nichepoetryandprose

poetry and prose about place

Posts Tagged ‘Halley’s Comet

places off-planet #3 – Halley’s Comet 1986

with 6 comments

Halley’s Comet, first recorded by astronomers in 240 BCE, has been a regular visitor through the ages, although people did not realise they were seeing the same comet until astronomer Edmund Halley determined this in 1705.  Halley’s Comet makes an elliptical orbit of the sun and returns to view approximately every 75 years.  It was last seen in 1986.  Halley’s Comet is composed of dust, ice water and other frozen gasses, and was described by astronomer Fred Whipple as a ‘dirty snowball’.  Its nucleus is 15 km long, 8 km wide and 8 km thick; its tail is as much as 100 million km long!

We saw Halley’s Comet as a family, waking in the middle of the night, and driving to a nearby hill overlooking a big field with French Lake and its treeless wetlands in the distance.  The night sky was overcast with a thin high-elevation cloud, so our view was not the best.  However, to me, it was marvellous… a huge (relative to the size of the stars) ball of fuzzy light.  My son can barely remember our watch on the hillside, all swathed in blankets.  However, when it returns in 2061 and he is 78 years old, he will be able to say he saw it twice!

Photo from Wikimedia Commons, taken by Kuiper Airborne Observatory

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Halley’s  1987

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we choose a roadside watching place

beside a farmer’s field

across from the cemetery

few trees

few lights

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we set the alarm for three

coax one another

into the icy car

in awe for an hour

at the comet    fuzzy      indistinct

four fingers above the horizon

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too undefined, too faint

for the dirty snowball

they predicted

I scrape our breath from the window

I see it, says my son, only three

I think

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he sleeps between us until ten o’clock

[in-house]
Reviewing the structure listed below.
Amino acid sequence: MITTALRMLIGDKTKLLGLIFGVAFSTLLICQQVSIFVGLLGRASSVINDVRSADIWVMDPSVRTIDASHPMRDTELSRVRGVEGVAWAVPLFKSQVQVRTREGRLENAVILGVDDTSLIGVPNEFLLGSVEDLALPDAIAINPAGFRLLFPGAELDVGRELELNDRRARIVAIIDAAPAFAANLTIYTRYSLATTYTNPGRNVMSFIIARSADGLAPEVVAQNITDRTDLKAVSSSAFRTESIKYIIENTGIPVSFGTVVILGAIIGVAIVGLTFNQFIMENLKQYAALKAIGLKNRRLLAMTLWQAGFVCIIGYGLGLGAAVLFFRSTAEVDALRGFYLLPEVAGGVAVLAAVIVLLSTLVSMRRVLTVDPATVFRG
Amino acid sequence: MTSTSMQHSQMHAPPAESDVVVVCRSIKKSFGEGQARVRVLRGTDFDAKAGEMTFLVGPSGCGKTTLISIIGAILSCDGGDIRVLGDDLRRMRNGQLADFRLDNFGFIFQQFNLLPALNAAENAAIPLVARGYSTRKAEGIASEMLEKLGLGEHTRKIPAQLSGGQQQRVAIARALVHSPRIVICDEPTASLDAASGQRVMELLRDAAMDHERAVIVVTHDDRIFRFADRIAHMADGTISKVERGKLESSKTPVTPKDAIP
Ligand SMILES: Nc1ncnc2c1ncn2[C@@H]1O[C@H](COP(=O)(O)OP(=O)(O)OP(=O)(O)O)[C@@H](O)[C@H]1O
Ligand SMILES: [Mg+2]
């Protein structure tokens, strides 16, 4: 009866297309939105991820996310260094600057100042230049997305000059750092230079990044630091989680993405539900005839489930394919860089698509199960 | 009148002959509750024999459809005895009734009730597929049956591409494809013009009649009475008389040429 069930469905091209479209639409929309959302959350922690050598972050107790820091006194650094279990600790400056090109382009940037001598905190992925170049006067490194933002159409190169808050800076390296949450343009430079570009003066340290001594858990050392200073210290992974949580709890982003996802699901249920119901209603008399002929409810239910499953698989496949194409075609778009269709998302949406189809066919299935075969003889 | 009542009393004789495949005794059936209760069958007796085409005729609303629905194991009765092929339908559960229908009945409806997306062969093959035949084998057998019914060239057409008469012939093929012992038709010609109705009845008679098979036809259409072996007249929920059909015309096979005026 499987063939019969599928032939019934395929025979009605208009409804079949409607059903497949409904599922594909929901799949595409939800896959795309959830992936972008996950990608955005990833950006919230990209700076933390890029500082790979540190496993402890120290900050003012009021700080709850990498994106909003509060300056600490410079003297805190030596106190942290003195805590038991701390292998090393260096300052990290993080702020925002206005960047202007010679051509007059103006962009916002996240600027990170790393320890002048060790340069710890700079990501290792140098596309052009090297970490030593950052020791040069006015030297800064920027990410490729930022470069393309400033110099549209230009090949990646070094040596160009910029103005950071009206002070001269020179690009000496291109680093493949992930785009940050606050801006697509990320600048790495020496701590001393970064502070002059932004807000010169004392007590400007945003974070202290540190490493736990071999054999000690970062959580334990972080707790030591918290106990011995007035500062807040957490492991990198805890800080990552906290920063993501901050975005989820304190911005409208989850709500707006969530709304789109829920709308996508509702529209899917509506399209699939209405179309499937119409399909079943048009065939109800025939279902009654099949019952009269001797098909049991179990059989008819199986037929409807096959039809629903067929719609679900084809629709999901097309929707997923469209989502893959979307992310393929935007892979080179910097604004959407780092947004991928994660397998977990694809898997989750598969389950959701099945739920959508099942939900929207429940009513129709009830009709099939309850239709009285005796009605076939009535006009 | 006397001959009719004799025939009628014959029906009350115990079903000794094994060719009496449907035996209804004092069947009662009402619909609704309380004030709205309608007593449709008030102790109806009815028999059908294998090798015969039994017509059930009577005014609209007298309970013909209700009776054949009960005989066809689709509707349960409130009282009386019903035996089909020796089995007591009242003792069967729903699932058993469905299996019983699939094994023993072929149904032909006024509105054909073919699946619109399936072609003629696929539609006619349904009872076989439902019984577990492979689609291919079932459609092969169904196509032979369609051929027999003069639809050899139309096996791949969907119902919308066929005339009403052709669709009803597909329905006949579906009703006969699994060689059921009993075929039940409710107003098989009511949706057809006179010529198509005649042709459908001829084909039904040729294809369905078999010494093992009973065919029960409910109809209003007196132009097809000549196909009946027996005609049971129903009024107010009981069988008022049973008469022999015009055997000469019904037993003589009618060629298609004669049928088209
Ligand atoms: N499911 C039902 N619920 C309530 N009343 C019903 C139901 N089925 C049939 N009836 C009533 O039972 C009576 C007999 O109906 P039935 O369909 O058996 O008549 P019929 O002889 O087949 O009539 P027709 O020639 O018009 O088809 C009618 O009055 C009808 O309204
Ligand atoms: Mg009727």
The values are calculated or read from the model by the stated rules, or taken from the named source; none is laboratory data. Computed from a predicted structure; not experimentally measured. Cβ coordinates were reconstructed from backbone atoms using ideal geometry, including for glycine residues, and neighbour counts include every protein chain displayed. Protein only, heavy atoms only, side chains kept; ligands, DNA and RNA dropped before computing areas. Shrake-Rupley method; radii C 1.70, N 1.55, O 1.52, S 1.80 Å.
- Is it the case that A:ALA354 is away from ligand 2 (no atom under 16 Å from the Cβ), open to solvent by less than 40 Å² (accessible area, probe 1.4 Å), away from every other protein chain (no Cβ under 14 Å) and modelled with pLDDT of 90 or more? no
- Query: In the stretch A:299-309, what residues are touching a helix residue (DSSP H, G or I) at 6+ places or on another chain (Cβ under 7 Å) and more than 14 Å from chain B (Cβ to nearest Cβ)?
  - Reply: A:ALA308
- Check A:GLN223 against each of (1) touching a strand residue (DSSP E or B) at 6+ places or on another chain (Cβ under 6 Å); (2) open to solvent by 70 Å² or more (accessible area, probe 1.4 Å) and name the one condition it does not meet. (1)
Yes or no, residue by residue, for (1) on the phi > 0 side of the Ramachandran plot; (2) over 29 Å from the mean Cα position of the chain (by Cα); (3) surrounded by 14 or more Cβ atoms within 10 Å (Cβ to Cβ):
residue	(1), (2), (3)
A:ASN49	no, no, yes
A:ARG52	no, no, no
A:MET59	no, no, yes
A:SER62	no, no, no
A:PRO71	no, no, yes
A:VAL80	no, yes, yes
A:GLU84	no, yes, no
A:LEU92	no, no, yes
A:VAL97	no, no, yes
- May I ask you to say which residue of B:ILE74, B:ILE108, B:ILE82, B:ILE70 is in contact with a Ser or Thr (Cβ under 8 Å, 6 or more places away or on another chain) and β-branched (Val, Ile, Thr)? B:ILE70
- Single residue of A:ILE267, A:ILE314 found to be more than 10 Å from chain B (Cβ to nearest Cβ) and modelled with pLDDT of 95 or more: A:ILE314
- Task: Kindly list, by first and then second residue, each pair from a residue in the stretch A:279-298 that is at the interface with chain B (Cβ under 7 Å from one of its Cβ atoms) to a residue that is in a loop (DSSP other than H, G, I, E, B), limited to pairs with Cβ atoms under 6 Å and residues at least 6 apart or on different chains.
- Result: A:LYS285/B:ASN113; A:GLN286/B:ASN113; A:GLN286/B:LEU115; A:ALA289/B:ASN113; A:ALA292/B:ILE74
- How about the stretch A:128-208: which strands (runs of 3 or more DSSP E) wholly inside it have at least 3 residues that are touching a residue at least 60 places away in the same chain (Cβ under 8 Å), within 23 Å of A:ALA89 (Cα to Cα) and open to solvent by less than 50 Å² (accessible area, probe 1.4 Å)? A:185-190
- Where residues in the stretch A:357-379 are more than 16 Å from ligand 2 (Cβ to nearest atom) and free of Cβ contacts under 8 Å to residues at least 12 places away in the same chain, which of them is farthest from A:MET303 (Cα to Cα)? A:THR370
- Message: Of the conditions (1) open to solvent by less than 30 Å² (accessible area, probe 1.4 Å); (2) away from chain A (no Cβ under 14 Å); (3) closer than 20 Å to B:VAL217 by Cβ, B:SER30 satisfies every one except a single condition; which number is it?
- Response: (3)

his blanket a soft ball

pressed to his nose

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almost eighty

he waits for the return

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I saw it when I was only young

I think

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©  Jane Tims 1997

Written by jane tims

May 7, 2012 at 7:43 am

places off-planet #2 – three comets

with 16 comments

In my life so far, I have seen three major comets – Halley’s Comet in 1986, Hyakutake in 1996, and Hale-Bopp in 1997.  There have been comets since then, I know, but I have always been asleep!

A comet is composed of a ‘nucleus’ of rock, dust and frozen gas, and a tail.  The tail is formed when the gasses in the nucleus are heated by the sun and create an atmosphere or ‘coma’.  The sun’s radiation and the solar wind cause the coma to flow away from the sun as a tail.  Since the comet can be moving away from the sun, sometimes this means the comet moves in the direction of its tail!

How many comets have you seen?

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Comet

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from the Greek

koman

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to wear long hair

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©  Jane Tims 1997

 

Written by jane tims

May 5, 2012 at 6:36 am

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